With that sly smile, that's the Grandpa I knew.

With that sly smile, that’s the Grandpa I knew.

Grover Pinkney Terrell was stationed on the USS Hope in the Pacific (although a handwritten ledger of crew members records him as C.P., rather than G.P. Terrell), but like many veterans from that era, he wasn’t given to talking much about his experiences on the ship. A few years after he died in 2003, my brothers and I found a small notebook in a cache of foreign bills and coins Grandpa had saved from various ports. In that notebook, we found a short, spare accounting of events on the ship; even with those few words, though, it felt like he was there with us. It made me miss him all the more.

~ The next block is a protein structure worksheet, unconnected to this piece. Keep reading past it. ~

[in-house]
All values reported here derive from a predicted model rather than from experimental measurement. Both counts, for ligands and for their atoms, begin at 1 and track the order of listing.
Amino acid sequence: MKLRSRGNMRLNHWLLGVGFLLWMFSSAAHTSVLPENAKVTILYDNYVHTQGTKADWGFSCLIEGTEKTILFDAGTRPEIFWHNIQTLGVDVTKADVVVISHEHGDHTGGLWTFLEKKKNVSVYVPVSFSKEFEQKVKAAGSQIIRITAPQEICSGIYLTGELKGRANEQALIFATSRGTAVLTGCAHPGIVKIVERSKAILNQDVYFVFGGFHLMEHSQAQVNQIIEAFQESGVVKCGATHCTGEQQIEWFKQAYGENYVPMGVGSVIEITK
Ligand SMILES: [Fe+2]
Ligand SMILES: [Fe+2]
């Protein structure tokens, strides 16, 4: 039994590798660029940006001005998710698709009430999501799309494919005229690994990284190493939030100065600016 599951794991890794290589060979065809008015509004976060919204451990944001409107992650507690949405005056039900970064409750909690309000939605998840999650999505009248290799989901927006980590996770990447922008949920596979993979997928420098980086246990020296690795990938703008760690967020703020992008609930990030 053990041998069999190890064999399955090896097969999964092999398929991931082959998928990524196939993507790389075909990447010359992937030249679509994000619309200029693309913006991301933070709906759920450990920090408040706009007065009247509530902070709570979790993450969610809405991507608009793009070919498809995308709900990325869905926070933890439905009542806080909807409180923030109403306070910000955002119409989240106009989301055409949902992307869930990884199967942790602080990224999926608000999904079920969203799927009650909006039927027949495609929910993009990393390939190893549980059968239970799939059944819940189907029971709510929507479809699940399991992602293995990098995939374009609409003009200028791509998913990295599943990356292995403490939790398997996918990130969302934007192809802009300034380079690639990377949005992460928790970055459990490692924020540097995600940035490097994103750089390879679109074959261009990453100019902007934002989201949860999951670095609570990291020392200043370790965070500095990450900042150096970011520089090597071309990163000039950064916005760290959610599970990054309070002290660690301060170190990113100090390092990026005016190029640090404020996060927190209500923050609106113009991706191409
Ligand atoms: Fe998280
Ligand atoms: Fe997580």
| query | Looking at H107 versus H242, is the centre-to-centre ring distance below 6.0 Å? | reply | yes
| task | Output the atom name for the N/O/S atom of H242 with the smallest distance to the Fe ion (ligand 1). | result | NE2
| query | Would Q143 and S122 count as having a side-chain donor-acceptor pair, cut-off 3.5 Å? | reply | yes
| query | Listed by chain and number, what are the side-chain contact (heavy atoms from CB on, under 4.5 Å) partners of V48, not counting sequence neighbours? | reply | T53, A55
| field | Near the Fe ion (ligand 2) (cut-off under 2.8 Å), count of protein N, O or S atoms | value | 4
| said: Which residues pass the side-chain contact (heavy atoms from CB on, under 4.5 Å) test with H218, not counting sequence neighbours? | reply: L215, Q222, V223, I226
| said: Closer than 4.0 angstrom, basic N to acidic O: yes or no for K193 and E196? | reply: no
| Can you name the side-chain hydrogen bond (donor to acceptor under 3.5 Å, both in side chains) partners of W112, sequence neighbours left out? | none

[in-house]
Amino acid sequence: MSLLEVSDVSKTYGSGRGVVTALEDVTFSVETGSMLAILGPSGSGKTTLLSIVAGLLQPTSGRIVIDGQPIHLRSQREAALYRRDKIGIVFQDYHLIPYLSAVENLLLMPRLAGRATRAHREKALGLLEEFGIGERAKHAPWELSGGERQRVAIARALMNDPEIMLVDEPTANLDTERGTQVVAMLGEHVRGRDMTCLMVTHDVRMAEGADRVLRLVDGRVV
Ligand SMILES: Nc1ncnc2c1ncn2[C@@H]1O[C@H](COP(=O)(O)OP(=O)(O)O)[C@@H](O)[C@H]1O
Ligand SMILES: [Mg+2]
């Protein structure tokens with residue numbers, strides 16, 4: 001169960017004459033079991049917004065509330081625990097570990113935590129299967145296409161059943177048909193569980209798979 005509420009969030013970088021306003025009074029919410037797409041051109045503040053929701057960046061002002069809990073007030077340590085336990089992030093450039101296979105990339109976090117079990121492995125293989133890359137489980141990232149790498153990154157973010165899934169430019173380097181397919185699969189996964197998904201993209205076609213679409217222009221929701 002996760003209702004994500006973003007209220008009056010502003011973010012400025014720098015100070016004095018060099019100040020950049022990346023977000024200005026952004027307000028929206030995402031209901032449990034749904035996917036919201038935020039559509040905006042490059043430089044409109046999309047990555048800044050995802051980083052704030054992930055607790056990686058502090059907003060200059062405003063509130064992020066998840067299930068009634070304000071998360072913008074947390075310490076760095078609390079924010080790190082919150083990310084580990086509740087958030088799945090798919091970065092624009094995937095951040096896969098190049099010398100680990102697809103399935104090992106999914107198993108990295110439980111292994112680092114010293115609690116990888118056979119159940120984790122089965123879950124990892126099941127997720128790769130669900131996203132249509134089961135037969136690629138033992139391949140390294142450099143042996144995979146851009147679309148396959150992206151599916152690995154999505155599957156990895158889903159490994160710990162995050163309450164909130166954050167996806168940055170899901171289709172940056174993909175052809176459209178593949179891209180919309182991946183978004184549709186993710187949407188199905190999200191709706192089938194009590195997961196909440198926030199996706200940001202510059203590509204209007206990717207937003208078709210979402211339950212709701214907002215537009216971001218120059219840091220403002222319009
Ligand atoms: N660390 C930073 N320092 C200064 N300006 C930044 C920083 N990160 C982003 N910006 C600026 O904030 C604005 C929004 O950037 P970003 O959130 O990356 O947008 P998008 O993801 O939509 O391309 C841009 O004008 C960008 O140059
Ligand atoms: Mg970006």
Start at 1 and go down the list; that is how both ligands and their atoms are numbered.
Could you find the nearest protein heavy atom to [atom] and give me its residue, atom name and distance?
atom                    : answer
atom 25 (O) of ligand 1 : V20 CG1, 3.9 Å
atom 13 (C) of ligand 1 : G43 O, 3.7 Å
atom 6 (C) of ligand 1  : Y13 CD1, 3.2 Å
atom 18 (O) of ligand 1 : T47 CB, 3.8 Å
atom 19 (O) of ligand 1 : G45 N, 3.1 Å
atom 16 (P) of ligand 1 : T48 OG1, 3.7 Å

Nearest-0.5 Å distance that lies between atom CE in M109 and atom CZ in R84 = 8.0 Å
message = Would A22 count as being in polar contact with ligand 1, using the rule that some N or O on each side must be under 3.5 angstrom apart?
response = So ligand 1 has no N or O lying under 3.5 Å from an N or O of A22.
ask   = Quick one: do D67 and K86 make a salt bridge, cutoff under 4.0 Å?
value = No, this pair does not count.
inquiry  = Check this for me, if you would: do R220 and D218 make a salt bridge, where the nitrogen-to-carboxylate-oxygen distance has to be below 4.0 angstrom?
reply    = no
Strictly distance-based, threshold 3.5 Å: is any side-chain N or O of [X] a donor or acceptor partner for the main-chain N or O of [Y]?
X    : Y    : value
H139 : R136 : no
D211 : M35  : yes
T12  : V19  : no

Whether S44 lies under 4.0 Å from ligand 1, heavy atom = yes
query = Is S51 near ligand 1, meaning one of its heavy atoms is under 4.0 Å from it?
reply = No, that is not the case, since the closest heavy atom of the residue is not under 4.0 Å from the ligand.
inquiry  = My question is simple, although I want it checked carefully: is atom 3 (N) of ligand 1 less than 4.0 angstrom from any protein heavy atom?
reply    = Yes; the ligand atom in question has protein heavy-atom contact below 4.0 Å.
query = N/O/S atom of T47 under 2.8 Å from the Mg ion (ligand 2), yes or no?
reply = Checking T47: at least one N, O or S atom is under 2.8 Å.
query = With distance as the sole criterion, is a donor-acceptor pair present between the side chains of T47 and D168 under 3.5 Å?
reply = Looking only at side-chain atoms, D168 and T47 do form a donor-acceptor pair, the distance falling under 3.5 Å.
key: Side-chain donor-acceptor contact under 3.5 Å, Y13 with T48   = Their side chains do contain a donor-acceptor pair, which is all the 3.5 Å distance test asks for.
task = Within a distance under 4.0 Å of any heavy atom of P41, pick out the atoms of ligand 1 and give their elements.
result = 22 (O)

Hug a veteran on Monday. Heck, hug one every day.

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2 thoughts on “Off-kilter online

  1. Brenda –

    I have enjoyed your column from the very first one. I, too, am a word-nerd and a grammar-fanatic. From the very first reading, I could see that you were someone who was as attentive to proper grammar as was I. It was not until later that you admitted to being a word-nerd, a condition with which I am also afflicted – not that I really consider it to be an affliction. It’s just what I am. Many years ago, Doug Smith had a column in the old Arkansas Gazette. It was called simply “Words” if I recall correctly. I miss that column.